2020 WCC Merck Research Symposium

Written by Despina Strong
2020 Merck Research Symposium Award Winners, Mentors, Speaker, and Organizers
2020 Merck Research Symposium Award Winners: Meghan Baker (Scripps), Yujing Zhou (MIT), Qiao Lin (NYU), McKenna Goetz (U of Chicago), Shuwen Yue (Princeton), Rebeca Rodriguez (U of Minnesota), Rebecca Pinals (UC Berkeley), and Susan Knox (Yale/UC Berkeley); Merck Mentors: Drs. Antonella Converso, Kira Armacost, Mellie June Paulines, Ania Fryszkowska, Madeleine Kieffer, Linda Suen-Lai, Emma Edelstein, and Cayetana Zarate; speaker Dr. Jamie McCabe Dunn; and Organizers Drs. Yeon-Hee Lim, Despina Strong, and Ann Weber


The fifth annual WCC Merck Research Award Symposium (symposium) was hosted virtually by Merck & Co., Inc. (Merck),  on Sunday August 15, 2020. The symposium highlights outstanding research work of 3rd and 4th-year graduate students. The WCC is pleased to continue partnering with Merck and acknowledges Merck for its generous support of the WCC Merck Research Award program. In addition to receiving financial support for making a technical presentation at the Fall Conference, each winner is paired with a Merck employee to mentor her through her career.

Eight graduate students who excelled in their research were selected from a strong pool of over one hundred applicants for the 2020 award. The symposium featured talks in a variety of fields including chemical biology, synthetic organic chemistry, biomolecular engineering, computational chemistry, and analytical chemistry. In addition to a stellar scientific record all the winners are actively involved in their community as volunteers and leaders.

In addition to the winners, the symposium featured Dr. Jamie McCabe Dunn, Director, Discovery Process Chemistry (DPC) at Merck, as the keynote speaker. Dr. Dunn talked about her work in drug discovery and used one example to illustrate how DPC can impact the discovery process. She also shared her experience on a fast-paced program to deliver large quantities of a development compound in a short period of time. She highlighted the importance of collaboration with other experts.

The first symposium speaker was Meghan Baker from The Scripps Research Institute. Her research has led to a significant advancement in synthetic chemistry. Her talk was titled “Organic synthesis, mechanism, and biology in (–)-bilobalide chemical space.”

Meghan was followed by Yujing Zhou from MIT. Yujing described the synthesis of pyrroles through a copper-hydride catalyzed coupling of enynes and nitriles, an important step in the development of a green replacement for alkyl Grignard reagents, one of the most common reactions in organic chemistry.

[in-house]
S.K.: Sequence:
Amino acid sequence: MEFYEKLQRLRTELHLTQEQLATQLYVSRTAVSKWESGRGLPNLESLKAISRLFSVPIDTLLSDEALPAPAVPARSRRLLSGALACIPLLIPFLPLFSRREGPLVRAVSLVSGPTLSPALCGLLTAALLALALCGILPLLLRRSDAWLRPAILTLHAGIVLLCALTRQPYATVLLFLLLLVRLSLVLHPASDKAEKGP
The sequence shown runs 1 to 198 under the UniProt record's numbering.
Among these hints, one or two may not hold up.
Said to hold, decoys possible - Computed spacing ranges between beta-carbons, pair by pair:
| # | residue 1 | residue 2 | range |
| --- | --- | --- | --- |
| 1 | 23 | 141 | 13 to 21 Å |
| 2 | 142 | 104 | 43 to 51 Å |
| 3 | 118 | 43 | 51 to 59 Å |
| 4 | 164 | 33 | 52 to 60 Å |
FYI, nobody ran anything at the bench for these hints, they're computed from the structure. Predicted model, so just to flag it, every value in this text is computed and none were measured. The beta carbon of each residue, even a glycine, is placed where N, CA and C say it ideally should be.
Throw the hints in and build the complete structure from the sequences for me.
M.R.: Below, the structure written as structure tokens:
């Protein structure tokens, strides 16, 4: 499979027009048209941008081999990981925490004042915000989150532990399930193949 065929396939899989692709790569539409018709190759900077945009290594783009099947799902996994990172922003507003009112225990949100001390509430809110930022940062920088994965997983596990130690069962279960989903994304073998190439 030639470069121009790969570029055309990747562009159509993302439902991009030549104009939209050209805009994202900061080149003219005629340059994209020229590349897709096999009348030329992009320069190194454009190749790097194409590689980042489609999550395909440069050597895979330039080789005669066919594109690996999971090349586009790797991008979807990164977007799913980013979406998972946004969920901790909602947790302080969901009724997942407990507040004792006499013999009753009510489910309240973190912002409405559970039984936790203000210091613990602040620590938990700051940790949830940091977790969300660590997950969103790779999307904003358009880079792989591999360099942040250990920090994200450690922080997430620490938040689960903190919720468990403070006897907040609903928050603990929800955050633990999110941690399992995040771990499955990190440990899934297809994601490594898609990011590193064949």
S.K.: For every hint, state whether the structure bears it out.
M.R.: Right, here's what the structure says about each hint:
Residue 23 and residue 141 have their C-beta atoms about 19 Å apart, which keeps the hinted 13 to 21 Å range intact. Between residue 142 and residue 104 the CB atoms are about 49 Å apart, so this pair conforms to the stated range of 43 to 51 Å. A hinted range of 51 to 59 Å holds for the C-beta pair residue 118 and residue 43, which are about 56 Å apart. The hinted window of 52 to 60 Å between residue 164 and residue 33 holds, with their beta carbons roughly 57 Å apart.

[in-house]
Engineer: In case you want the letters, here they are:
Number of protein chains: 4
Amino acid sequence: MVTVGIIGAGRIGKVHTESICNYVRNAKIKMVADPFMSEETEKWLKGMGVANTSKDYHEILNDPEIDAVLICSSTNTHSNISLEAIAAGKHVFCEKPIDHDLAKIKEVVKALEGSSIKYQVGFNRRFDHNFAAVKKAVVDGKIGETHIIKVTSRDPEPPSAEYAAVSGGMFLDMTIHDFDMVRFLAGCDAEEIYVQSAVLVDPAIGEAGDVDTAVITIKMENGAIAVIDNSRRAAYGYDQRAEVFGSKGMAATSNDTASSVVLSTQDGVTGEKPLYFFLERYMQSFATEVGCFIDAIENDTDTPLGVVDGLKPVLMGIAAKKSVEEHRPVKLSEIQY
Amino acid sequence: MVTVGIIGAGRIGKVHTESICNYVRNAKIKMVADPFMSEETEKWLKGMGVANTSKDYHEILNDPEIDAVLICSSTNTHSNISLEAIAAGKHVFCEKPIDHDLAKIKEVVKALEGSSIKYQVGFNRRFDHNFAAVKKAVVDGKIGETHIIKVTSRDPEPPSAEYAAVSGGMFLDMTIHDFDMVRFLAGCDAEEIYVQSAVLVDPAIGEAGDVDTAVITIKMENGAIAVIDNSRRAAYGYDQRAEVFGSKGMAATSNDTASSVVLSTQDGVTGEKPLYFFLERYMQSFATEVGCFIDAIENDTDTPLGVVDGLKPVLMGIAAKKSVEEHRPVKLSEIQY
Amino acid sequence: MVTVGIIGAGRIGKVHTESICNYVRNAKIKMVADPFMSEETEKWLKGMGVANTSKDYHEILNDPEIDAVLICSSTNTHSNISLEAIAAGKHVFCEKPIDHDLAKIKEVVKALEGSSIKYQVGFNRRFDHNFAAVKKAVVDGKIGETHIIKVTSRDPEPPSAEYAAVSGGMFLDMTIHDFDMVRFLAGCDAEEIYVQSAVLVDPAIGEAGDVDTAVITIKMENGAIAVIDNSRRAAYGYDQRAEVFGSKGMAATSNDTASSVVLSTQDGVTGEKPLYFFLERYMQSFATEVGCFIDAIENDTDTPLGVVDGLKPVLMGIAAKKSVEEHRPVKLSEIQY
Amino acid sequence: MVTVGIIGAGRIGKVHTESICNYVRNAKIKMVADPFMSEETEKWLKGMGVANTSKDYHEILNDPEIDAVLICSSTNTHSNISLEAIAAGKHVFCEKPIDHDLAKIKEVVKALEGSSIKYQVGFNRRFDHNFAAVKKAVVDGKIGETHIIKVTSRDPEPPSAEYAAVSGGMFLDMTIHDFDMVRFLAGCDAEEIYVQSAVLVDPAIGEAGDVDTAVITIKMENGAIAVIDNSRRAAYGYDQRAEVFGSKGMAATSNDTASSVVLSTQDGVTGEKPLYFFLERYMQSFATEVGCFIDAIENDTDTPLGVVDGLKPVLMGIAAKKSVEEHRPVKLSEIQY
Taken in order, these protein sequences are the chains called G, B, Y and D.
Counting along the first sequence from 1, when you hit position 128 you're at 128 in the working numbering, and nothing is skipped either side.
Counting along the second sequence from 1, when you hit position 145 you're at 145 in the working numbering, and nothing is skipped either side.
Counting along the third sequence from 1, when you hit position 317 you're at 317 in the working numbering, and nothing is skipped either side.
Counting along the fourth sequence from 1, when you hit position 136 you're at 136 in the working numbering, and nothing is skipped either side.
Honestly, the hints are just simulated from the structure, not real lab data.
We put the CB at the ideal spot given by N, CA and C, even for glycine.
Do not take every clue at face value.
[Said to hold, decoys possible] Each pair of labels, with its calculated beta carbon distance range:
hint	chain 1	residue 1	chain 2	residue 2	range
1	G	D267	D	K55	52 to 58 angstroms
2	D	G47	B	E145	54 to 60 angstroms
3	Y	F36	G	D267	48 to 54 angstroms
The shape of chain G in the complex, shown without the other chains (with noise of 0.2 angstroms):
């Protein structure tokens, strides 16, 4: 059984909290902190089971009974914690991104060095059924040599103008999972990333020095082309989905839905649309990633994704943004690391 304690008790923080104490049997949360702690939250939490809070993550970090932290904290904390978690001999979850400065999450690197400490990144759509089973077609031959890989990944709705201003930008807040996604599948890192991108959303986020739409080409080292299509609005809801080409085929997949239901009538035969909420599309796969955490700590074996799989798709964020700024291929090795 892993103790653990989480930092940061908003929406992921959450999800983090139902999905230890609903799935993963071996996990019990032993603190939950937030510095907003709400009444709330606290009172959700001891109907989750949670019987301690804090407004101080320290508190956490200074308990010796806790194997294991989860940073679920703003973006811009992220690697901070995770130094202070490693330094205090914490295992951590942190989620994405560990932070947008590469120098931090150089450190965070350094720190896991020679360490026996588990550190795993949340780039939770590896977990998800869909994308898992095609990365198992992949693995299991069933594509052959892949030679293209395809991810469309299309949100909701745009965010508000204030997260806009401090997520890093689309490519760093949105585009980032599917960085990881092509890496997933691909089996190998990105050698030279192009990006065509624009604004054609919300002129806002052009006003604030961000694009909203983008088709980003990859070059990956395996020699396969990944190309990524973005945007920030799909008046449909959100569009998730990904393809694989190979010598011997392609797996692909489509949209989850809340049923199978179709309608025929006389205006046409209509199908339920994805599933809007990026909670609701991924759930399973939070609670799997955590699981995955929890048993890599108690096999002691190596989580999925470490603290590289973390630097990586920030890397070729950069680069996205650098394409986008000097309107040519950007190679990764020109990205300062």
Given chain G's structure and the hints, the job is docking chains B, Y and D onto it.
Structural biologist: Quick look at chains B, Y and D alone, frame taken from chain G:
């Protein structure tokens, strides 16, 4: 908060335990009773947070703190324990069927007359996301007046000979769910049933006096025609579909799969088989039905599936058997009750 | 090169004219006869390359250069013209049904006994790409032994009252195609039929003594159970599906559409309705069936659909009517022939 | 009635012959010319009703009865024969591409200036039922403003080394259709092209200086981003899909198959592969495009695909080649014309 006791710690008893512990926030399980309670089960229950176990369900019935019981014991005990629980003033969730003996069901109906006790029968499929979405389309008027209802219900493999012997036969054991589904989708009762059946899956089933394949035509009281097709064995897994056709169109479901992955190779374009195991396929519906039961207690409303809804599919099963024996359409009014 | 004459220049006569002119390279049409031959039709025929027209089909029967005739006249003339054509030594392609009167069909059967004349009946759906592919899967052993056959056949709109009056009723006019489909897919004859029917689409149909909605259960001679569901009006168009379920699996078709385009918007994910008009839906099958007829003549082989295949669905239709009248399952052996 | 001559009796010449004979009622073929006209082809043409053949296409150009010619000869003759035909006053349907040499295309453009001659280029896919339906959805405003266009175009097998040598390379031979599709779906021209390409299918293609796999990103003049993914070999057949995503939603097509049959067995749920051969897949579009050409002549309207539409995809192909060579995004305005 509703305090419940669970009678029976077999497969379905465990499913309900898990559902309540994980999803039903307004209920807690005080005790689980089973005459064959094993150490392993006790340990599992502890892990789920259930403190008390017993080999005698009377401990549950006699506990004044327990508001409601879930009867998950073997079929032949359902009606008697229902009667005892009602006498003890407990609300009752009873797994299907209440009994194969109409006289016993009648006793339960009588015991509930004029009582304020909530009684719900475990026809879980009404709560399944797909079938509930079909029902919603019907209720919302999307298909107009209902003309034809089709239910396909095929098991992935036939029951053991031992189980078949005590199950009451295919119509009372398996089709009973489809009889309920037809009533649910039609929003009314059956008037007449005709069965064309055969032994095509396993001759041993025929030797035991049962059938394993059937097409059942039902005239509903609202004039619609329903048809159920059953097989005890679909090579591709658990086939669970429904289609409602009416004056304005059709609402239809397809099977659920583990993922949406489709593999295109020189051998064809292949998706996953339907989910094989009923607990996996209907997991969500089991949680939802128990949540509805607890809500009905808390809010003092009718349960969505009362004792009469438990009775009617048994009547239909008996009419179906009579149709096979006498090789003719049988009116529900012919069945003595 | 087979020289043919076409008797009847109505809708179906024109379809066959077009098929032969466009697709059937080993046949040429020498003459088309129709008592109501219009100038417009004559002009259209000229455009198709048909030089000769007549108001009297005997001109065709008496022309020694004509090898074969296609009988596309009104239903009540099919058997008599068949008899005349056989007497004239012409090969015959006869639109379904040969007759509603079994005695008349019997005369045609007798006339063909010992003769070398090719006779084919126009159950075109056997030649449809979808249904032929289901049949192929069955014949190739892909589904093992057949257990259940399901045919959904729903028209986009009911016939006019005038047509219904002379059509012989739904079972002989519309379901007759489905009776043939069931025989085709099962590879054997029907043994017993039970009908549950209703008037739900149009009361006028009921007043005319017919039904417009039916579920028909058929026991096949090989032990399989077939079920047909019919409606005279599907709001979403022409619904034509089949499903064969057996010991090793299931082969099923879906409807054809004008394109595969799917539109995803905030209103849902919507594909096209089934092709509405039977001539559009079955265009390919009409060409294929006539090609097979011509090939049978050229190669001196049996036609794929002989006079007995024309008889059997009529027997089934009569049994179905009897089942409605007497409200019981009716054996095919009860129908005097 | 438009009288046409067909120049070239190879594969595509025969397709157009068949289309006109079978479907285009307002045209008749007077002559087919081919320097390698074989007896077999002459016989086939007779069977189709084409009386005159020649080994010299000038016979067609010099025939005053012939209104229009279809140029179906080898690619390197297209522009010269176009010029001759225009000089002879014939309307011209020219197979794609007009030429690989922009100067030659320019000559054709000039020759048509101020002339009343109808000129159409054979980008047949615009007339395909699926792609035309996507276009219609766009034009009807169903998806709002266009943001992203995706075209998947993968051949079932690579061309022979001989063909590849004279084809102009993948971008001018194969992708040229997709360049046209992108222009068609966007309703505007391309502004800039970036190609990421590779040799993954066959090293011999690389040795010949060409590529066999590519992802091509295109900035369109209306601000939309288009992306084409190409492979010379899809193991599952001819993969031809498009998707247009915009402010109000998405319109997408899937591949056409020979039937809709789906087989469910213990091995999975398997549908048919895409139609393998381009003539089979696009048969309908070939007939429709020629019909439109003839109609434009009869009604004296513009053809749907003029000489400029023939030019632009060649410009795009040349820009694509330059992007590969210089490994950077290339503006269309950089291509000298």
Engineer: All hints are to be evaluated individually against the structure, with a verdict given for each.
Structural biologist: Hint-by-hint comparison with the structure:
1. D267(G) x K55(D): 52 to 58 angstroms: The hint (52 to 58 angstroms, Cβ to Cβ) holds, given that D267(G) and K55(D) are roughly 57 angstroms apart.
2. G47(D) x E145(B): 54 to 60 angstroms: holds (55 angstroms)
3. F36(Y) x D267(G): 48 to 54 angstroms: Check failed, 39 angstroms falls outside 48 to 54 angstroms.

The third speaker, Qiao Lin from NYU, highlighted the mechanism of Ni-catalyzed reductive 1,2-dicarbofunctionalization of alkenes which provides an appealing pathway for constructing organic molecules.

With her belief that insight gained from studying reactive intermediates can lead to the development of better materials and catalysts for renewable energy schemes, the next speaker, McKenna Goetz from the University of Chicago, described her work on the isolation, characterization, and reactivity of a terminal Co(III)-oxo complex.

The fifth speaker was Shuwen Yue from Princeton University. Shuwen’s work focuses on computational chemistry involving water and electrolyte solutions. She talked about designing machine learning models of water and aqueous electrolyte solutions with a broad range of applications including carbon sequestration.

The first of the three final talks was given by Rebeca Rodriguez from the University of Minnesota. Rebeca’s research focuses on optimizing linear polymer affinity agents for SERS detection of aflatoxin B1, the most potent aflatoxin found in crops that can be extremely carcinogenic to humans.

The seventh speaker was Rebecca Pinals from UC Berkeley who studies the use of engineered nanomaterials to probe biological systems. The title of her talk was “Elucidating the composition and dynamics of spontaneous protein adsorption on nanoparticles in biofluids.”

Following Rebecca was the last speaker, Susan Knox also from UC Berkeley. Susan described her efforts to engineer the delivery of a therapeutic enzyme using a cell-permeant miniature protein.

The 2020  symposium was well attended with over 70 participants, including students, scientists from industry and academia, as well as Merck representatives. The virtual nature of the symposium enabled members of the public and scientists from around the world to participate remotely.

Following the symposium, Merck organized a networking session with the winners, WCC members, Merck mentors and other Merck staff. The networking session was open to all the symposium participants. The winners had an opportunity to network with other awardees, WCC members, and Merck mentors.  In addition, a panel discussion was organized and moderated by Merck employee Dr. Yeon-Hee Lim, who also serves as Merck’s liaison to the WCC for this award. During the panel discussion, the winners asked various questions about work environment, being a woman in industry and mentoring programs at Merck and in industry. The panelists encouraged the winners to follow their curiosity, to take risks and not to be afraid of mistakes and failure. They also highlighted the importance of building networks and advocating for themselves.

Applications for the 2021 award are due December 1.




Article by Anna Sromek